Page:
Dr. PETTY. Well, no. I am asking the question, where is the wound? You have pointed to what would appear to me to be the external occipital protuberance. That is the bump that protrudes in back. Now can you place the wound on the skull by viewing the X ray? Can you tell where the wound is on the skull?
Dr. FINCK. I would ask a radiologist to do that.
Dr. PETTY. Okay. You don't believe that you are able to --
Dr. FINCK. All I see here is radio opaque fragments and displacement of bone but as far as making a positive identification of wounds on an X ray film I would refer that to a radiologist.
Dr. PETTY. All right. Would the anterior/posterior view of this same skull help you?
Dr. FINCK. Here again fracture lines, radio opaque object. Probably metallic fragments. Fragments, and that is all I can say.
Dr. PETTY. All right.
Dr. FINCK. The value of the X ray films and why I asked for the X ray films is to have a whole body survey, not to be told afterwards that there could have been an intake bullet and that was the reason for those multiple X ray films. As far as location of wounds, this is not as good a source as the dead body itself.
Dr. PETTY. All right. Then the X rays were taken fundamentally to find missiles or fragments thereof?
Dr. FINCK. Yes.
Dr. PETTY. And not to determine the point of entrance or exit, is that what you are saying?
Dr. FINCK. Yes.
Dr. PETTY. All right. Would you once again locate the external occipital protuberance?
Dr. FINCK. Yes.
Dr. PETTY. If you point that out on Dr. Davis here, where is that external occipital protuberance in relationship to the cerebellar hemispheres? Is it above or below?
Dr. FINCK. I don't know.
Dr. PETTY. All right. Then there is just one other thing I would like to show you and that is the photographs of the brain which show you the cerebellum and of course the cerebellar hemispheres and the brain stem. Are these of any value to you in attempting to locate the area of the bullet perforation?
Dr. FINCK. I see extensive damage to the right hemisphere and the left hemisphere. I see blood under the thin meninges but on the basis of the photograph of the brain I cannot show an entry or an exit in the brain if that is what your question is.
Dr. PETTY. No, that is not quite what I asked. Can you tell where the penetrating gunshot wound went? I am not asking for entrance or exit but the course.
Dr. FINCK. The track. I cannot identify a track.
Dr. BADEN. Dr. Finck has been referring to 46, 47, 48 and 50 photographs.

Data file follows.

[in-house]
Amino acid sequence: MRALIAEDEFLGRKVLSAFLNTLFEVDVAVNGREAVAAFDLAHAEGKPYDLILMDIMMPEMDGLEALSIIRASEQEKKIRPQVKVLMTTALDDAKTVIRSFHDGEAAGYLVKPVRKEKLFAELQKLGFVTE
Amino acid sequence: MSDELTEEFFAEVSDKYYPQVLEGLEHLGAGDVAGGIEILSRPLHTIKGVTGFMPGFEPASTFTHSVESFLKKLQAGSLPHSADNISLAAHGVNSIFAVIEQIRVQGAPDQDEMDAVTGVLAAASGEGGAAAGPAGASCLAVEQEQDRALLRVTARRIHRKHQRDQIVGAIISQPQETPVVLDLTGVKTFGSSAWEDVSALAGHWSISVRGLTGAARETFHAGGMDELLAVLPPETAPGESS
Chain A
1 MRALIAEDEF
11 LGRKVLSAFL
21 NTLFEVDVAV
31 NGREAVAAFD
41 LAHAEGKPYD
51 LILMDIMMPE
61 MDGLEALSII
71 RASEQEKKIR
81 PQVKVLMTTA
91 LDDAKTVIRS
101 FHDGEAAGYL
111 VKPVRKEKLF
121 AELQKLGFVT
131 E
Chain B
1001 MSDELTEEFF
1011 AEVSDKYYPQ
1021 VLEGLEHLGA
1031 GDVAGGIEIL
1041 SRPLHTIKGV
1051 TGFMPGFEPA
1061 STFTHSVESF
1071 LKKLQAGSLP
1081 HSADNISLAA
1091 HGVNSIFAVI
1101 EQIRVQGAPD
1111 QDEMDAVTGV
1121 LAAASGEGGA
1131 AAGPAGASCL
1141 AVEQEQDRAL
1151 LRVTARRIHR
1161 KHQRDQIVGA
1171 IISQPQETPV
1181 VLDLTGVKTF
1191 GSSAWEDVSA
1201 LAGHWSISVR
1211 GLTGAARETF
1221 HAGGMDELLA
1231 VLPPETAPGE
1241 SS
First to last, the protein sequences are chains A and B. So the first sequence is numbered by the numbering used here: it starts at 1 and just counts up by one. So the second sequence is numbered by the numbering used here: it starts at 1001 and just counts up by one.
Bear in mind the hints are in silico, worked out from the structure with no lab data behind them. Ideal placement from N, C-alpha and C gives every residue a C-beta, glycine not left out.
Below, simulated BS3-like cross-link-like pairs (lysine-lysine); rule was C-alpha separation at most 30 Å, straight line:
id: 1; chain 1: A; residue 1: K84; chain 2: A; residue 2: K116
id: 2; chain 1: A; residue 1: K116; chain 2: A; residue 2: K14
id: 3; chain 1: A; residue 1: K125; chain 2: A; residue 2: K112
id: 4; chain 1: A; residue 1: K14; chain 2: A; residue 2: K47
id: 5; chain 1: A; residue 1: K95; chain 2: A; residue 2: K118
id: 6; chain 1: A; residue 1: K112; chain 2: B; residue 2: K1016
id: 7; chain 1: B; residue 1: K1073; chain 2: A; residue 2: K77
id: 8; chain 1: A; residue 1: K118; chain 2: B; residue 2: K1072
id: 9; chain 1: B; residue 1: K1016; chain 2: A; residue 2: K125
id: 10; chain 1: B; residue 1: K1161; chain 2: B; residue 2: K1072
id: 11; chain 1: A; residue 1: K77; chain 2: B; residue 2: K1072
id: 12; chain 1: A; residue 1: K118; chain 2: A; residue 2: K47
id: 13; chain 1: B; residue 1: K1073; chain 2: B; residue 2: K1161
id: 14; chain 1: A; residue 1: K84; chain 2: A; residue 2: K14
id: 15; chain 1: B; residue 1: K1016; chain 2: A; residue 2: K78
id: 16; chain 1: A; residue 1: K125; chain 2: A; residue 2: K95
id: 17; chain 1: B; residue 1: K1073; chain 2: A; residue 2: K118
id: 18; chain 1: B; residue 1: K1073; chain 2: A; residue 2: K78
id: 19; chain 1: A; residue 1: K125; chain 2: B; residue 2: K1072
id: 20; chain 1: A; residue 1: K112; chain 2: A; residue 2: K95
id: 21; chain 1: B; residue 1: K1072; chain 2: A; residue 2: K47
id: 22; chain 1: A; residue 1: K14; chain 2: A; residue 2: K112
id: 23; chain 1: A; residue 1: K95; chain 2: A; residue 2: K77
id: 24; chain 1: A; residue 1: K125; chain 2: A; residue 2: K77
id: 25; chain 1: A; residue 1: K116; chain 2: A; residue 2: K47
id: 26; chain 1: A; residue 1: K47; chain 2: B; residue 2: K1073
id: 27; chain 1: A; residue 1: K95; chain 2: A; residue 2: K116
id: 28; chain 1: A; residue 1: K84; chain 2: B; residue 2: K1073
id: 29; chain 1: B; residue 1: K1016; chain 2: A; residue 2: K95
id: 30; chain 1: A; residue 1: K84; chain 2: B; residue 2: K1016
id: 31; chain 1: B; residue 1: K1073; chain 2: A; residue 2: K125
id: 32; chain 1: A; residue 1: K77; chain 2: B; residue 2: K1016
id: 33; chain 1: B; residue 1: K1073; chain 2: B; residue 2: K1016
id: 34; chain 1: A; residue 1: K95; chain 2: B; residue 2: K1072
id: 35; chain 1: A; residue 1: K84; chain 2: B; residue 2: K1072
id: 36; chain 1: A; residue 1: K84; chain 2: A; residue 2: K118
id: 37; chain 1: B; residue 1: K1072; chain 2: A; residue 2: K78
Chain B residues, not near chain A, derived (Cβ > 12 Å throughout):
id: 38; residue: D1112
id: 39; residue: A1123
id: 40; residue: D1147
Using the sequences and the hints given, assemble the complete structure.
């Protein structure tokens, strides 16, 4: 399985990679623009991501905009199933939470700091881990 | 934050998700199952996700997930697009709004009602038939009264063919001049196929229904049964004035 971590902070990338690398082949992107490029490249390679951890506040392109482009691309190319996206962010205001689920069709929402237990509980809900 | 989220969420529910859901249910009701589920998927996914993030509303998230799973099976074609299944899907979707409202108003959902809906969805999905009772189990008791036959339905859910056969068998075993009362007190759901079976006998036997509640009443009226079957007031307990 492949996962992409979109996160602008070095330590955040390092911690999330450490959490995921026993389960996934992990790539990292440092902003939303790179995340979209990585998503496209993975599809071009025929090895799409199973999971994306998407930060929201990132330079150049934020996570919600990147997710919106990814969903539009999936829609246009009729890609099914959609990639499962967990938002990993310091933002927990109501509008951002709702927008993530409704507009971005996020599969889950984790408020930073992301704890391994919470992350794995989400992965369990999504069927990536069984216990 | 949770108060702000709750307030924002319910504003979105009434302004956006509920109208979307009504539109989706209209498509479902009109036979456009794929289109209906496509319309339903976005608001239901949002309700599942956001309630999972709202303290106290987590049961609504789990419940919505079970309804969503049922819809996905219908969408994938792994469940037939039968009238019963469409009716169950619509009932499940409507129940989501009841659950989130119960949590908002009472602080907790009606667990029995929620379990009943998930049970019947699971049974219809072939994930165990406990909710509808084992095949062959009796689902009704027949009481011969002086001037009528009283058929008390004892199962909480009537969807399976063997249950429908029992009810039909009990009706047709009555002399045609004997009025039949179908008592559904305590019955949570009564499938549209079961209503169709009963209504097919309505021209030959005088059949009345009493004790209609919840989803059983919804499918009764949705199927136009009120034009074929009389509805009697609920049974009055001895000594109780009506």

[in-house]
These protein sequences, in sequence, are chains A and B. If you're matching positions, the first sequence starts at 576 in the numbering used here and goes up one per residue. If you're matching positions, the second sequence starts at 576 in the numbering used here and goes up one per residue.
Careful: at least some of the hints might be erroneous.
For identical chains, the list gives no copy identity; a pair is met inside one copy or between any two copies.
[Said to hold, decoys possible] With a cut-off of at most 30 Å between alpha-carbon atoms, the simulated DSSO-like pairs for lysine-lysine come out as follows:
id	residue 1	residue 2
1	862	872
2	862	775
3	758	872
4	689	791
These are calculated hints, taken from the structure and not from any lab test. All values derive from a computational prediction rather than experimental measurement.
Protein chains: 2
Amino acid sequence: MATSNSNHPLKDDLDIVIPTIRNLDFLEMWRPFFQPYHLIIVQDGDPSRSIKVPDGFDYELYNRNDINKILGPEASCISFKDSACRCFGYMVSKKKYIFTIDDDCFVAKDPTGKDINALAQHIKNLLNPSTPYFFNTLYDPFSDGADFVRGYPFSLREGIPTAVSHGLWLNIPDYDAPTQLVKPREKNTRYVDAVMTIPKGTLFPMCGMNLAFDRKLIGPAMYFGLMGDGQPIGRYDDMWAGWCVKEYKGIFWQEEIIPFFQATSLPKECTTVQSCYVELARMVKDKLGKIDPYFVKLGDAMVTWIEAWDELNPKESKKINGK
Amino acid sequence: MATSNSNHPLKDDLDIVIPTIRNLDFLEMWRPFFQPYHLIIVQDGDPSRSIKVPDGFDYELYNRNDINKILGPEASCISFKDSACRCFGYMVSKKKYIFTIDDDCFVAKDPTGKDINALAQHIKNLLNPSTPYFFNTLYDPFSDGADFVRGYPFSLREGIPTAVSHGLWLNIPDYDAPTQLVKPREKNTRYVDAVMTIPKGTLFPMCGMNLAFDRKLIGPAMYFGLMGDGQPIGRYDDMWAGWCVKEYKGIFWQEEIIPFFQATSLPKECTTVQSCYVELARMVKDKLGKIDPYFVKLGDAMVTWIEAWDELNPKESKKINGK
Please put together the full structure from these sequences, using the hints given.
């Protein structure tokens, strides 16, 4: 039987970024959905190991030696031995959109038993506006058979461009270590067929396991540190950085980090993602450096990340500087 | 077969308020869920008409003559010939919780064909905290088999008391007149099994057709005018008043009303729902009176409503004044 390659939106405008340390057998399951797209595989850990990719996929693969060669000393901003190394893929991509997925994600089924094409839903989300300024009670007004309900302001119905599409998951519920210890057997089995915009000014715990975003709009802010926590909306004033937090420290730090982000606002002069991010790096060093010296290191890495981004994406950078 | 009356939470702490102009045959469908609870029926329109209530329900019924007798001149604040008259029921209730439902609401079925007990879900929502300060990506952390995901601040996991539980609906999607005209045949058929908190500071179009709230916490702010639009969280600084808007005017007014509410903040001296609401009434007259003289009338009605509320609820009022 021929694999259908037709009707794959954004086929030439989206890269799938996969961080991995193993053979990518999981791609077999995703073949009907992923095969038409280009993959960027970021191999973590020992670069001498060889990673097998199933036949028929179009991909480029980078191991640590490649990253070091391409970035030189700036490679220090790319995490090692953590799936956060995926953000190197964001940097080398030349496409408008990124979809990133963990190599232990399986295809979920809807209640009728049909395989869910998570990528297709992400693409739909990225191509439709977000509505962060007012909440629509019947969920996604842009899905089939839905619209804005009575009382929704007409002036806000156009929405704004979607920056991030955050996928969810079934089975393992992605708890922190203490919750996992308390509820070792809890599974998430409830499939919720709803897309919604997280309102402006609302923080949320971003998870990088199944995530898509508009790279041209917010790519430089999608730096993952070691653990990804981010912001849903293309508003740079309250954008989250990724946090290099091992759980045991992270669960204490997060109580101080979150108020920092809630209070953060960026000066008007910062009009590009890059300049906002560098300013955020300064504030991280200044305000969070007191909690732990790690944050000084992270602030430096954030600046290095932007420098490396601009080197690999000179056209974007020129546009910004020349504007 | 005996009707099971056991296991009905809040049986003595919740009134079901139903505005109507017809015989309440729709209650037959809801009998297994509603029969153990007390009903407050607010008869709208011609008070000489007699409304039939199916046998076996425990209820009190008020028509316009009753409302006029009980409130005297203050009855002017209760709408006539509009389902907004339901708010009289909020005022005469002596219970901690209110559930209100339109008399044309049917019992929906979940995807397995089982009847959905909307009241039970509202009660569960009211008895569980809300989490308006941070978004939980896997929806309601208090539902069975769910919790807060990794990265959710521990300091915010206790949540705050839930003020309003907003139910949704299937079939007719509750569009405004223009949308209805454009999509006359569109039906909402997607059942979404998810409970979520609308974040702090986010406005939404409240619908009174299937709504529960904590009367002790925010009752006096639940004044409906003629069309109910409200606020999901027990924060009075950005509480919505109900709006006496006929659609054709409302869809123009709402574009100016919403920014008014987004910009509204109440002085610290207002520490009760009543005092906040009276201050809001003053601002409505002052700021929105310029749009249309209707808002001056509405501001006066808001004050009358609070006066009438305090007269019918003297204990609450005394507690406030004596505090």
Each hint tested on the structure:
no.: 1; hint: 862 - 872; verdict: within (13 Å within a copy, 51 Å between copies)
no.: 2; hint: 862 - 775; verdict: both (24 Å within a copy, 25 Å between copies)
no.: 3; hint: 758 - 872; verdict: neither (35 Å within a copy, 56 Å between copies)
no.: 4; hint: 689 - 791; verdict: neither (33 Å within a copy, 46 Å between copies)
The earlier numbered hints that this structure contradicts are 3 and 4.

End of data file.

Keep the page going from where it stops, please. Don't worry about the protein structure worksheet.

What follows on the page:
Dr. PETTY. Just one further question. Do you see any damage to the cerebellar hemispheres in these photographs that could have been caused by a missile?
Dr. FINCK. I don't know.
Dr. PETTY. All right. Now does anybody have any other question they would like to ask of Dr. Finck?
Dr. LOQUOVAM. If a missile had entered at this point, would it have entered .the posterior cranial vault and produced subarachnoid hemorrhage in the cerebellar hemisphere? I have pointed to color picture No. 43 at the point of entrance that Dr. Finck is saying the entrance is and I am referring to the four color photographs of the brain in which I see no subarachnoid hemorrhage other than postmortem to the -- My question is, if this is the point of entrance, isn't that at the level of the posterior cranial vault where the cerebellar hemispheres lie and would we not see subarachnoid hemorrhage if a slug had torn through there?
Dr. FINCK. Not necessarily because you have wounds without subarachnoid hemorrhage.
Dr. LOQUOVAM. You can have wounds in the brain without a missile track slug tearing through brain tissue?
Dr. FINCK. I don't know. I cannot answer your question.
Dr. WESTON. I would like to ask about the report preparation here because I have heard several different versions. This is the work sheet and on the work sheet we all understand there are a number of different measurements. One thing that is noticeably absent is any reference to the exact location of this. Now I know that you assisted Dr. Humes in preparing the report and. I know that he had --
Dr. FINCK. That is not my handwriting.
Dr. WESTON. Whose handwriting is this?
Dr. FINCK. I think Boswell is the one who made the sketch
Dr. BADEN. He is supposed to have.
Dr. FINCK. I don't know.
Dr. BADEN. Is this what you were referring to as one of the pages of notes you were writing on?
Dr. FINCK. I don't know.
Dr. PETTY. Are there any other questions from anyone Finck's participation in the autopsy and thereof and interpretation of those photo has been shown?
Dr. BADEN. Dr.Finck, relative to the skull X rays had you had occasion on any previous time to review them for purposes of evaluating the injury to the head?
Dr. FINCK. I saw the X ray films at the time of the autopsy and also I believe in January 1967 when I came back from Vietnam specifically to look at X ray films and photographs at the Archives.
Dr. BADEN. Was that for identification purposes or to utilize the X rays in arriving at your conclusions as to the ballistic track?
Dr. FINCK. I don't quite see the question. I don't understand the question.
Dr. BADEN. In our discussions of the interpretation of the X rays, were X rays of gunshot wounds part of your general expertise into wound ballistic studies in the past or prior to the Kennedy assassination?
Dr. FINCK. Well, x ray films are often used or requested by pathologists to see the extent of injuries and to eventual reveal the presence of foreign bodies.
Dr. BADEN. So had you utilized X rays previously in evaluating gunshot tracks?
Dr. FINCK. Yes.
Dr. BADEN. And in this particular instance did you so utilize these X rays? You did mention that you utilized the x ray to see if there was an intact bullet present.
Dr. FINCK. That was the main reason for me.
Dr. BADEN. Did you also utilize it to see if you could precisely locate the entrance or exit perforation in the skull?
Dr. FINCK. To a much lesser extent. When it comes to interpretation of radiographs I always consult the radiologists.